I'm happy to provide more examples as we look at this as a wide issue.  We look at how AI for health can empower different organizations to address the tough challenges in mobile health, from simply to very understanding the basics of security, how data flows work, all of these issues somehow calculate into the security and the attacks again the healthcare sector.

I think I will stop this and give an opportunity to other partners to speak, and we'll be happy to address further questions.

>> ROXANA RADU: Thank you, Liga.  We note the regional differences, and we have an intervention from Craig Jones the director of cybercrime at Interpol.  I wonder if he wants to take the mic for what they have in terms of Interpol support, I assume from various regions around the world.  Craig, are you able to take the floor?

>> PARTICIPANT: Yeah, happy to.  Thank you very much.

Some really insightful comments so far.  Looking at it through the global, regional and national lens that we have at Interpol, certainly we have seen some attracts on national critical infrastructure, and hospitals, we have seen an upswing in reporting from healthcare whether it was a hospital, whether it was researchers and they were being targeted specifically by cyber criminals because of the acquisitions they were undertaking at that time, they were very central to the work that was going on.  And sometimes the legacy systems, that vulnerability is greatly increased.

One came to us for support and we used one of our private partners to help to mitigate that attack and that took a huge amount of intervention because of their infrastructure they had.  They had some real, real difficulties and if you take it through just recently to the attack in Ireland on the HSC there, and that's when we saw the real world impacts where the ‑‑ effectively the healthcare system was taken offline and you saw people not being able to have their appointments and not having their therapy treatments.  That's an ongoing piece of work.

Then you take it from the collaboration, from the law enforcement and the private partners, how do we investigate that?  How do we identify those threat actors where the infrastructure is and then we come into the trust element there in countries working together and detecting and disrupting cybercrime, but also draws back to one of the key features we are looking at is prevention and so coming back to normal crime in a physical sense, that's taking it to an online space and whose responsibility is that?  It's a whole of society response.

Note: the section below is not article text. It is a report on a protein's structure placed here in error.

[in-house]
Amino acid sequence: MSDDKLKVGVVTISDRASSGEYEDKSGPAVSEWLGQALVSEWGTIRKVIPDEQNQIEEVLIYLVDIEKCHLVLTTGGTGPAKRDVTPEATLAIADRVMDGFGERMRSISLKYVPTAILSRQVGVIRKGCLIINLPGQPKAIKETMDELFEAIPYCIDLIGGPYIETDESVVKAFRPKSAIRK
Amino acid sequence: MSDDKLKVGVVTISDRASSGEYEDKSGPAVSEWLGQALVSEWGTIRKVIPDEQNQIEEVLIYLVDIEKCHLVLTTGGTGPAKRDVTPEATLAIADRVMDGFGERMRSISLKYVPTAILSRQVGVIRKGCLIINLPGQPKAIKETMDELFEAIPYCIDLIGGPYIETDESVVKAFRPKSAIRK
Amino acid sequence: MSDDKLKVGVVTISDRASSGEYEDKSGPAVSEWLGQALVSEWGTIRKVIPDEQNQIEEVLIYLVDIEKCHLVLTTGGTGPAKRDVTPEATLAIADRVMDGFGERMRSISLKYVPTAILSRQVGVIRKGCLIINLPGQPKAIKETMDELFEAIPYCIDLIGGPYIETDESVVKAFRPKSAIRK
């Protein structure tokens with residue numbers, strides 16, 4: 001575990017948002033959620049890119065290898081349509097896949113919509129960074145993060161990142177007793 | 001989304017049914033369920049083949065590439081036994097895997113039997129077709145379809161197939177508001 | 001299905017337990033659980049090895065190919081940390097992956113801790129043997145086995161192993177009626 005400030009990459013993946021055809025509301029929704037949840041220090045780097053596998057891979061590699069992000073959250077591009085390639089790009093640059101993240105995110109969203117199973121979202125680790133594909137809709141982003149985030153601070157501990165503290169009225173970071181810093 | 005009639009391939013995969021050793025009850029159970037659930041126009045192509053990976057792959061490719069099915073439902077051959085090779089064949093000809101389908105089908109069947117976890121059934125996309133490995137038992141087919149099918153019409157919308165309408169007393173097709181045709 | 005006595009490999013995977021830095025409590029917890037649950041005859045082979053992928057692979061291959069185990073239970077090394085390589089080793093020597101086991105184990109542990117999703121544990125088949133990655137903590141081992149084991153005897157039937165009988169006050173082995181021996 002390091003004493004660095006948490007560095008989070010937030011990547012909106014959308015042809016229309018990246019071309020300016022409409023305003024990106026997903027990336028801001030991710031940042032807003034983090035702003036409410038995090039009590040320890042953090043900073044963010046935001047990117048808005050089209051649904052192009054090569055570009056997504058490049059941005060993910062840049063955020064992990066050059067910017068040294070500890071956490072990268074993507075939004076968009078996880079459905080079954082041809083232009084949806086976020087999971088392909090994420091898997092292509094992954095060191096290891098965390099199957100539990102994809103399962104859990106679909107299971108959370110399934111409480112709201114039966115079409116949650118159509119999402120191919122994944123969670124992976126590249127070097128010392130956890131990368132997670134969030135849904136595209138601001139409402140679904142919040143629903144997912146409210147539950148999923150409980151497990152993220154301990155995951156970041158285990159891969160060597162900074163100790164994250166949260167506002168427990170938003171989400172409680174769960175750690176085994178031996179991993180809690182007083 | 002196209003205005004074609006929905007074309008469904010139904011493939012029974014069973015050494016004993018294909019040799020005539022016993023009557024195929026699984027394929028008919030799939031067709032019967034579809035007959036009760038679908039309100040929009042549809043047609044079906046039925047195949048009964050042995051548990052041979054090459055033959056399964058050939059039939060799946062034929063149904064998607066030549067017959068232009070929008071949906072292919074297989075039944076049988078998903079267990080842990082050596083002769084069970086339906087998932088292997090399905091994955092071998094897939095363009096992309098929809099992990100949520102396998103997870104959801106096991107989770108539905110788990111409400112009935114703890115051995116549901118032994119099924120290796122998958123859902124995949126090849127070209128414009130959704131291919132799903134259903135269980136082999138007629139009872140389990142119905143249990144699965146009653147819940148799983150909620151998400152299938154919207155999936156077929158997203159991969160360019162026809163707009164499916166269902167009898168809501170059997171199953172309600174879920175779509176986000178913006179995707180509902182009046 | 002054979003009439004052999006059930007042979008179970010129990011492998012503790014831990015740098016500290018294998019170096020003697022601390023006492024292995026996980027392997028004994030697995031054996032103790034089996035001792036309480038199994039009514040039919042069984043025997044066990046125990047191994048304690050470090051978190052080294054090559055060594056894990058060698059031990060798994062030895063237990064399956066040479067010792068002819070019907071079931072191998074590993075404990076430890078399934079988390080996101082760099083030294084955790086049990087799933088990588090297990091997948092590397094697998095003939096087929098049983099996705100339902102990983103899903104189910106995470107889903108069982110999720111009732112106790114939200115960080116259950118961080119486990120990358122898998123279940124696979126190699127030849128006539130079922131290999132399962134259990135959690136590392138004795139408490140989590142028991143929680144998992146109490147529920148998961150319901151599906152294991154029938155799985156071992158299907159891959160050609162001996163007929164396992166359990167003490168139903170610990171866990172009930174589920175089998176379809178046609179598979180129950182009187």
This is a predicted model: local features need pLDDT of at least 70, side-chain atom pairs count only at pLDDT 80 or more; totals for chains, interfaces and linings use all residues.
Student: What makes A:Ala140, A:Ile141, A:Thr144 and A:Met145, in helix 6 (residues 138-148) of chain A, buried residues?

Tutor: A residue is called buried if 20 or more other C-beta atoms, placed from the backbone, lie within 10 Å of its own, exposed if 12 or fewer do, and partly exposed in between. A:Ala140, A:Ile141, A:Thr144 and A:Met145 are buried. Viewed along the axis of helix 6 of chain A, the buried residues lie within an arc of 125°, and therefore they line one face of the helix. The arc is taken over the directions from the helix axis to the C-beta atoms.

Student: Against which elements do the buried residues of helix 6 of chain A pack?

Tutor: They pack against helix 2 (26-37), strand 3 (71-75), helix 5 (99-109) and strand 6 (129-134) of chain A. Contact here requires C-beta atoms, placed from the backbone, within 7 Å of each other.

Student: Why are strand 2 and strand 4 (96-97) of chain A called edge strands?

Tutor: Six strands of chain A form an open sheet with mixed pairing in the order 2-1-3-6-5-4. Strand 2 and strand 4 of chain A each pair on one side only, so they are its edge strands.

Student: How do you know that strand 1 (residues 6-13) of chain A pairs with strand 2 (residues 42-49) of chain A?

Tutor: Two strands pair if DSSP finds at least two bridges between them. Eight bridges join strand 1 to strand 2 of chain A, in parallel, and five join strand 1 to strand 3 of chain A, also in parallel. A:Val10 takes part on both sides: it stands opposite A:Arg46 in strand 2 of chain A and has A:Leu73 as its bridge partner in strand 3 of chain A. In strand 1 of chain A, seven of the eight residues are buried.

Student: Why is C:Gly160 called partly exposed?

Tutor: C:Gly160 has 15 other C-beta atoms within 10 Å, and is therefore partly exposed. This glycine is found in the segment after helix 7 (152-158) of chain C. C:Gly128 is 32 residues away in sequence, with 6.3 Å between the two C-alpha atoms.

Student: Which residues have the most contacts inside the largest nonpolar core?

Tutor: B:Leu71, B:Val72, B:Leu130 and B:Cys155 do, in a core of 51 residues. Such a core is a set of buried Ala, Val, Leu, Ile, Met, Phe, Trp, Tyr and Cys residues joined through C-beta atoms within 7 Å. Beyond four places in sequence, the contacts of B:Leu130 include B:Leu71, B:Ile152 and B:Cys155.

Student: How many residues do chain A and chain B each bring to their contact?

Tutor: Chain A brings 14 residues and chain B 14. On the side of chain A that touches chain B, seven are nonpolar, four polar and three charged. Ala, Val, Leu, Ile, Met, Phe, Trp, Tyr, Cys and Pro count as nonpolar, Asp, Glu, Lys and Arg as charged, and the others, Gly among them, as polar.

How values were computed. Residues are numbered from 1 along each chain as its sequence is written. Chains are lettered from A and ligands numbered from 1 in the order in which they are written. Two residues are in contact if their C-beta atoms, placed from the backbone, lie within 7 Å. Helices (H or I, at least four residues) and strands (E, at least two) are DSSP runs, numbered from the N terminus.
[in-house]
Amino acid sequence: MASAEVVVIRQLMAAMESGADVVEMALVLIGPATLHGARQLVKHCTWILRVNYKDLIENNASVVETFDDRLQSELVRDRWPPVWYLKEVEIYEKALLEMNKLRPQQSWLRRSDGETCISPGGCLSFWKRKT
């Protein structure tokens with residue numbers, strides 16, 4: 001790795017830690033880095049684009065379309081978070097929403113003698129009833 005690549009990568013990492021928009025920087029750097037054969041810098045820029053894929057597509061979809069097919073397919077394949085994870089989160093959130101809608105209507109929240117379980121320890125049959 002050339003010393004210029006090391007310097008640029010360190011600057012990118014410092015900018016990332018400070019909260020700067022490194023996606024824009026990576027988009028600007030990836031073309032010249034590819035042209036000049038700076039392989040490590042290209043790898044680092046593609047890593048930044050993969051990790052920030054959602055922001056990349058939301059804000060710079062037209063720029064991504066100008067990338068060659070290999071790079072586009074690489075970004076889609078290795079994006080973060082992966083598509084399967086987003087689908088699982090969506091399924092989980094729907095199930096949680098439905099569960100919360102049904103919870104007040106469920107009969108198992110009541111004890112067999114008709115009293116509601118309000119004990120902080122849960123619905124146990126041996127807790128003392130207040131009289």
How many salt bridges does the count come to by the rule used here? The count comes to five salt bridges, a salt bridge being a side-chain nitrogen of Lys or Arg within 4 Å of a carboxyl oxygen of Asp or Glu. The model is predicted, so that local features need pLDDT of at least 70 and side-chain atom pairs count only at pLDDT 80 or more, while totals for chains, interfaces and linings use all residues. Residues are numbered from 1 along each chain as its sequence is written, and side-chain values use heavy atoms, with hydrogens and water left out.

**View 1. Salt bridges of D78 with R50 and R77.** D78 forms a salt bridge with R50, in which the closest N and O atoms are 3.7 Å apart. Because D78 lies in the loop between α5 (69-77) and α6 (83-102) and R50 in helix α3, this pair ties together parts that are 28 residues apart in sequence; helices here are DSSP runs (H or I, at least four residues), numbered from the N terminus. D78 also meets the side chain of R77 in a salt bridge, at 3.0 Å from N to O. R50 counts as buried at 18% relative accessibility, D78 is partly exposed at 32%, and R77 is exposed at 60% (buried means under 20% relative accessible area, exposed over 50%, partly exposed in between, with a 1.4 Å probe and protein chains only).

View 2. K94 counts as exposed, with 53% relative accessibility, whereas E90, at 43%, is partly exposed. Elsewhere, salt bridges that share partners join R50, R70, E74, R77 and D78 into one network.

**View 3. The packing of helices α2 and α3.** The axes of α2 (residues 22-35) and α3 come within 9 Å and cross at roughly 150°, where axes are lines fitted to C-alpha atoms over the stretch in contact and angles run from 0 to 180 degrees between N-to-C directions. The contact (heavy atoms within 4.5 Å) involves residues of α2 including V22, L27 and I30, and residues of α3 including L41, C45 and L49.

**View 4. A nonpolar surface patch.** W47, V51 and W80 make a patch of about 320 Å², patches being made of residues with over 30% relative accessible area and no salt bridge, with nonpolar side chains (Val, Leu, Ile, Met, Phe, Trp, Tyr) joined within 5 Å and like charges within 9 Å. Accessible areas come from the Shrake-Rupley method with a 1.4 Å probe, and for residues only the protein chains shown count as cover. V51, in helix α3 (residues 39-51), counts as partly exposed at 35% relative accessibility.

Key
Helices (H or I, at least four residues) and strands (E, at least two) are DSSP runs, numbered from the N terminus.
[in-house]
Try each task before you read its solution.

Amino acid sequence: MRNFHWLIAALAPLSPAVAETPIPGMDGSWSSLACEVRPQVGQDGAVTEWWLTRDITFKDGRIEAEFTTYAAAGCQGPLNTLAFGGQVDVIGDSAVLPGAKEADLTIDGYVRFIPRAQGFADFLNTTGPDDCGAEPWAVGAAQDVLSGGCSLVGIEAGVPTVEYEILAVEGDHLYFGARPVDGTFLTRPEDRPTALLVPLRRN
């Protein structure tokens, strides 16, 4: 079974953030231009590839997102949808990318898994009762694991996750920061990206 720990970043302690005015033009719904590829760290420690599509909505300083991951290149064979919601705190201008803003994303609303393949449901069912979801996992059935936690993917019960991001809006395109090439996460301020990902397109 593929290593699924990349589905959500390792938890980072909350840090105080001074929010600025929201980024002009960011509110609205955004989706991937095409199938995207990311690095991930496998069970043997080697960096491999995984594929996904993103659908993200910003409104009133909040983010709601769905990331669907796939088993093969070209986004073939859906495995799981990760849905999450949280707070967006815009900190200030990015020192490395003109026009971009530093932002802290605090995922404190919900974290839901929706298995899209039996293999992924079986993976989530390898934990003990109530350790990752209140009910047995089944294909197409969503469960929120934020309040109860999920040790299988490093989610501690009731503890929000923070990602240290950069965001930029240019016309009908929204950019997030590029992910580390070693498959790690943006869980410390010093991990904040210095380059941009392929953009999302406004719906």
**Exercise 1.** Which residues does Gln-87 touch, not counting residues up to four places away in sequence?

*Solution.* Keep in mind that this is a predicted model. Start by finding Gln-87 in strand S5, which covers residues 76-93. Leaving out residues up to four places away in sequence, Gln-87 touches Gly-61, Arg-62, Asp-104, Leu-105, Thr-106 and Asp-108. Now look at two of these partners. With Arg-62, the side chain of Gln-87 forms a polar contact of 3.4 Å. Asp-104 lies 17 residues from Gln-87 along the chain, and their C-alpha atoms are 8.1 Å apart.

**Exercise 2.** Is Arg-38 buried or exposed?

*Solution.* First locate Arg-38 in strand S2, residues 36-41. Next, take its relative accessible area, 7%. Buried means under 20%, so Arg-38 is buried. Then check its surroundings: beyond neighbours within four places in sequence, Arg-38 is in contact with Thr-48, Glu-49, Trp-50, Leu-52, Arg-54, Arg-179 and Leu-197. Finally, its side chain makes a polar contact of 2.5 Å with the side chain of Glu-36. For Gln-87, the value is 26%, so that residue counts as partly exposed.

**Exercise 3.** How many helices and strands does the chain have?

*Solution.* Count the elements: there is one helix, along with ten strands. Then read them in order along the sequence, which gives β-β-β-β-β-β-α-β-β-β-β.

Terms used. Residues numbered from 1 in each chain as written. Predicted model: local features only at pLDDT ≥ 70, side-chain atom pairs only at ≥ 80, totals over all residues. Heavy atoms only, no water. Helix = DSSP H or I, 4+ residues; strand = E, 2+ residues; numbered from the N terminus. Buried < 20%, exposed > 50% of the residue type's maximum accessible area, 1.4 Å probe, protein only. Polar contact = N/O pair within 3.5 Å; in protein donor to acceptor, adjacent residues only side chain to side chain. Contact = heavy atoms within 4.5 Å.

But actually what we are seeing now is if you have a burglary, you won't necessarily do it beforehand.  Now people are seeing the impact of this.  It's changing, but in some countries, it's not a priority.  And in a the more developed nations we are seen in a priority but working in Africa at the moment, we look at the vulnerabilities there and it works on many different levels and certainly trying to bring the country together and we were talking about the new U.N. Conventions and I'm happy to be here as a part of IGF.  It's my first time in this forum this week, and I think we have been missing from this conversation.  Hopefully I will be able to be involved in the future, as well as my team.  Thank you very much.

>> ROXANA RADU: Thank you for this contribution.  And we heard from everyone so far about the vulnerability of the sector.  We also heard about the many actions underway to better protect healthcare.  So where are we falling short?  You will brought into the discussion, Craig, the UN processes and I think we are hear more about that from Pavel.  But I would like to ask what he sees as the limitations to the current efforts and then what we are exploring diplomatically at the moment.  Pavel.

>> PAVEL MRAZ: Thank you so much for the floor.  It's a pleasure to be with you before the WEOG meets again.  Where are we falling short?  I would highlight three major things and the first one is a lack of concrete support for implementation of the commitments we made UN level.  We are still having this basic conversation and I think it's time to move beyond that to ask how it applies.

And the third one is not really recognizing at this point the linkages between the UN sustainable development goals and the cyber capacity building on the other.

So for the first one, let me just say for the support of implementation, so we have a recognition that healthcare sector is particularly vulnerable and it's part of critical infrastructure and we need to more to do that and we have done it through the WEOG and the Czech Republic along with Australia and the United States, Kazakhstan, Estonia and Pakistan and a couple of others who really tried to push this.

Now that we have it, the question is where do we take it from there?  It cannot just stay a report.  We really need to take this somewhere.  So we need to mobilize political well and mobilize resources to implement.  I think there are a lot of states who want to make more norms and still leaving them on paper.  We need to start implementing.  So that's one thing and there's a lot we can learn from waft attacks.  We have legislations and doing cyber auditing and hospital‑specific CyberDrills, and we would like to share that with other states to see if err interested in other measures.  The WEOG is not the right mat for that.  We need different people in the room.  So going forward on implementation, we will need to think very creative, how no create an inclusive permanent forum so we can have crossover debate with technical experts, but we are not there.  That's one place we are falling short.